It is increasingly common for parents to move away from the county or state where their original divorce or paternity judgment was entered. As the job market becomes more global, parents follow new opportunities and are expected to accept job transfers. With increased use of dating websites, parents’ new relationships are not limited locally. When a parent moves from their residence at the time of divorce, how do they modify visitation, custody, placement, and support from their new location?
The Uniform Child Custody Jurisdiction and Enforcement Act, a law in force in most states, determines how judgments are modified when the parents no longer live in the same state. The UCCJEA, in most instances, prevents a judgment from being changed by the courts of the relocating parent’s state as long as the other parent lives in the original state. There are several reasons for this. First, it prevents confusion between the states, which both may be asked to modify the same judgment. Different state courts would apply different local rules, and probably reach different conclusions. The parents, police, child support agencies, etc., would not know which order to apply. Second, the UCCJEA prevents “forum shopping,” in which a parent could move to a state with rules that would be more favorable to his/her position, then try to change the judgment using the new state’s rules.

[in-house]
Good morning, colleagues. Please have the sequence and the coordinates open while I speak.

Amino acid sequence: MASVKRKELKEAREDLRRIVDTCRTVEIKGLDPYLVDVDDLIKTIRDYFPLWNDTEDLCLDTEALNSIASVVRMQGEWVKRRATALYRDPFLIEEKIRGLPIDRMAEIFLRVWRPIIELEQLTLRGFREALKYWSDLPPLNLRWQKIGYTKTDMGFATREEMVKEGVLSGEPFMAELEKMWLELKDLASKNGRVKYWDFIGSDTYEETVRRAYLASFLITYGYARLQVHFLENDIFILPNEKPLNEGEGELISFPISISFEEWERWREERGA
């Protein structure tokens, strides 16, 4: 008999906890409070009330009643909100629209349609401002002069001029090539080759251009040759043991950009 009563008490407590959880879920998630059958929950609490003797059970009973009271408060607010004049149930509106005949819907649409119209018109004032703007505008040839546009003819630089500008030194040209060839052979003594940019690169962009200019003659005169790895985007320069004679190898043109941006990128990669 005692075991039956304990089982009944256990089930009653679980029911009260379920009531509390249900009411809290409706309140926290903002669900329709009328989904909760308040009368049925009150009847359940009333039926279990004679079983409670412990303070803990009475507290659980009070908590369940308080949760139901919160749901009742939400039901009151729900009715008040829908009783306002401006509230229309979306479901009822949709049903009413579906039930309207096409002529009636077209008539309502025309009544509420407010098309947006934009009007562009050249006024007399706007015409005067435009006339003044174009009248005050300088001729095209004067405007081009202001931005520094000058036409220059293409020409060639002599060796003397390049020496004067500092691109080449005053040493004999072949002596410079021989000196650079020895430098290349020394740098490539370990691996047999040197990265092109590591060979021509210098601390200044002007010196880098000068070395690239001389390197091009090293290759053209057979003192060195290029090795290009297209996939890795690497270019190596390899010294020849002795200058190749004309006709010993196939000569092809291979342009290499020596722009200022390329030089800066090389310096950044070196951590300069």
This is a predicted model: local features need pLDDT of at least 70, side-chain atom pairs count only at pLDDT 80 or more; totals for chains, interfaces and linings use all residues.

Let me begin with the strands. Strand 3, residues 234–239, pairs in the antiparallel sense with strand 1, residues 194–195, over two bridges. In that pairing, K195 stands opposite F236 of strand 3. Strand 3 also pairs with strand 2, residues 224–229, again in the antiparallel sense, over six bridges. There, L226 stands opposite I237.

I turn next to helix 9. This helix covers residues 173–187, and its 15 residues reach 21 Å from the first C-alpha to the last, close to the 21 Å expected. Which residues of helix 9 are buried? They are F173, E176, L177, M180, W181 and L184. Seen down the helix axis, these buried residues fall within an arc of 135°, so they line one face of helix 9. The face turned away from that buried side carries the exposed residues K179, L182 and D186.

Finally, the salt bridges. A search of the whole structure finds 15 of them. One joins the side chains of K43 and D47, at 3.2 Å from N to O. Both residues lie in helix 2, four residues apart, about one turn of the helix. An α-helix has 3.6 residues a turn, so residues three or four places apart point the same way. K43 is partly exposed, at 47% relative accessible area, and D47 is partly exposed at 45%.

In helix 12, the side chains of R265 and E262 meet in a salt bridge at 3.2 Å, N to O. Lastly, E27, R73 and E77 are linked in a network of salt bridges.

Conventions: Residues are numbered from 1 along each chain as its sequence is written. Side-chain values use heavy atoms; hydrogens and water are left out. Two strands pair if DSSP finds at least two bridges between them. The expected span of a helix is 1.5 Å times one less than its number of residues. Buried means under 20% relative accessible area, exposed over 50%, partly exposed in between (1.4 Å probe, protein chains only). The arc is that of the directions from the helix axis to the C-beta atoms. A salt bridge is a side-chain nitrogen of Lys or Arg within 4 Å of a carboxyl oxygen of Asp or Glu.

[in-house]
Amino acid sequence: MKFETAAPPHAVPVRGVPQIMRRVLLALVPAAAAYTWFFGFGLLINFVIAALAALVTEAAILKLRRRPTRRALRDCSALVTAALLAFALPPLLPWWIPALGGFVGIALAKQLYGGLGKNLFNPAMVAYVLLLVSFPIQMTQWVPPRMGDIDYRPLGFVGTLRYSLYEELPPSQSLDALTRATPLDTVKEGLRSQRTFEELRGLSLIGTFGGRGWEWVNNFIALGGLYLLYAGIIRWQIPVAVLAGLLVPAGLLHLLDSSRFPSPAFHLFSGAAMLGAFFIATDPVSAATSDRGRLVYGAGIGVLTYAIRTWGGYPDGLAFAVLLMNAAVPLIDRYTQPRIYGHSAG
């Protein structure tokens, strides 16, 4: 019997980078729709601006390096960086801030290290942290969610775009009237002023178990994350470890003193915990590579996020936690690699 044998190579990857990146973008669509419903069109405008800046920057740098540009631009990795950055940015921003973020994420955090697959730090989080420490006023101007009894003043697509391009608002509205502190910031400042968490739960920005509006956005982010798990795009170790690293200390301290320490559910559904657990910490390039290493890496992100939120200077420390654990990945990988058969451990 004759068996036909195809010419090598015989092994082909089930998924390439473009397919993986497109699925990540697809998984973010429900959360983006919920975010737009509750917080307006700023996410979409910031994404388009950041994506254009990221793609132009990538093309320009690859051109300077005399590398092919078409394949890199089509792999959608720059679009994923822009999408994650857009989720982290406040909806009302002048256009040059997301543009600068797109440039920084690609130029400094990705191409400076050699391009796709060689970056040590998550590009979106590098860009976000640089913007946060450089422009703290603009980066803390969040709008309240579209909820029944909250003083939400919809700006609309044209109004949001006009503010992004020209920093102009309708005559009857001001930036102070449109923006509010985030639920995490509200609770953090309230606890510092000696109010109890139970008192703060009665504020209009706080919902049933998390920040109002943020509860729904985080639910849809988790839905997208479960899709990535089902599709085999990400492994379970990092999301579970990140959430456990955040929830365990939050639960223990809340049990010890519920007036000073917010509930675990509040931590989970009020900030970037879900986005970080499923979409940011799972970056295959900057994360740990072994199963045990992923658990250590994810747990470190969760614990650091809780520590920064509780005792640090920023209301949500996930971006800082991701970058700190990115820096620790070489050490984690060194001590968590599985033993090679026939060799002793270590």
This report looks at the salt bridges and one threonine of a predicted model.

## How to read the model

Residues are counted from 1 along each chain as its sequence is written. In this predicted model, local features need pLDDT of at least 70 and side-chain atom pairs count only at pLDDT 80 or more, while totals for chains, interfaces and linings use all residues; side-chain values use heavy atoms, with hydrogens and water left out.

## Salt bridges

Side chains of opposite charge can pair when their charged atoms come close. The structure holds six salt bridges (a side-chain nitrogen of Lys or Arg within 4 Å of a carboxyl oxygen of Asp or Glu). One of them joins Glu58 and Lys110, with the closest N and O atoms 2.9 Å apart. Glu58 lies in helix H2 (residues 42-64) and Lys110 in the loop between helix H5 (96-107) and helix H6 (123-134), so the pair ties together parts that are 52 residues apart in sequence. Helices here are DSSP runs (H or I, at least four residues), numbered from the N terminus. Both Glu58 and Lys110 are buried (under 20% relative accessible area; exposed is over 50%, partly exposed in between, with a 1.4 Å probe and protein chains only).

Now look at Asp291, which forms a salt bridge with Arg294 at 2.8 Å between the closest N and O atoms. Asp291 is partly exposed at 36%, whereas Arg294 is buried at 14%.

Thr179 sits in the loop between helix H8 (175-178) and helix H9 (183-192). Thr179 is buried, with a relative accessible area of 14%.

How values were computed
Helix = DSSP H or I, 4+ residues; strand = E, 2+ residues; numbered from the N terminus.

The UCCJEA requires that, as long as one parent or the child lives in the original (“home”) state, the custody, visitation, and placement of the children can only be modified in that state. The “home” state retains “exclusive continuing jurisdiction.” The UCCJEA actually prevents the new state of the relocating parent from assuming responsibility for modification. There are very few ways of avoiding this requirement. One, the parents can agree to have the case heard in the new state. Two, if neither parent lives in the “home” state, the new state can assume jurisdiction. Third, if the original judgment did not address custody, placement or visitation, the new state can possibly issue an initial order on those issues. Fourth, the “home” state can also determine that it no longer has a sufficient connection to the parents and children, but there would be more information available about the child in a different state. The most common means of successfully changing jurisdiction is #4, but it requires the parent to convince the “home” state’s court that another state has better information about the child. Courts are generally very careful about giving up their right to monitor their judgments, so this tactic can be rather difficult.
There are many instances when it makes sense to modify a divorce or paternity judgment in a different state. The rules are specific and complex, and the procedure usually requires legal work in two states. I do not recommend attempting to address this issue without a lawyer. If you have concerns about this issue, from either the perspective of the “home” parent or the relocating parent, I highly encourage you to contact me for a consultation. I regularly work with clients to address this issue, and would be happy to clarify your options.
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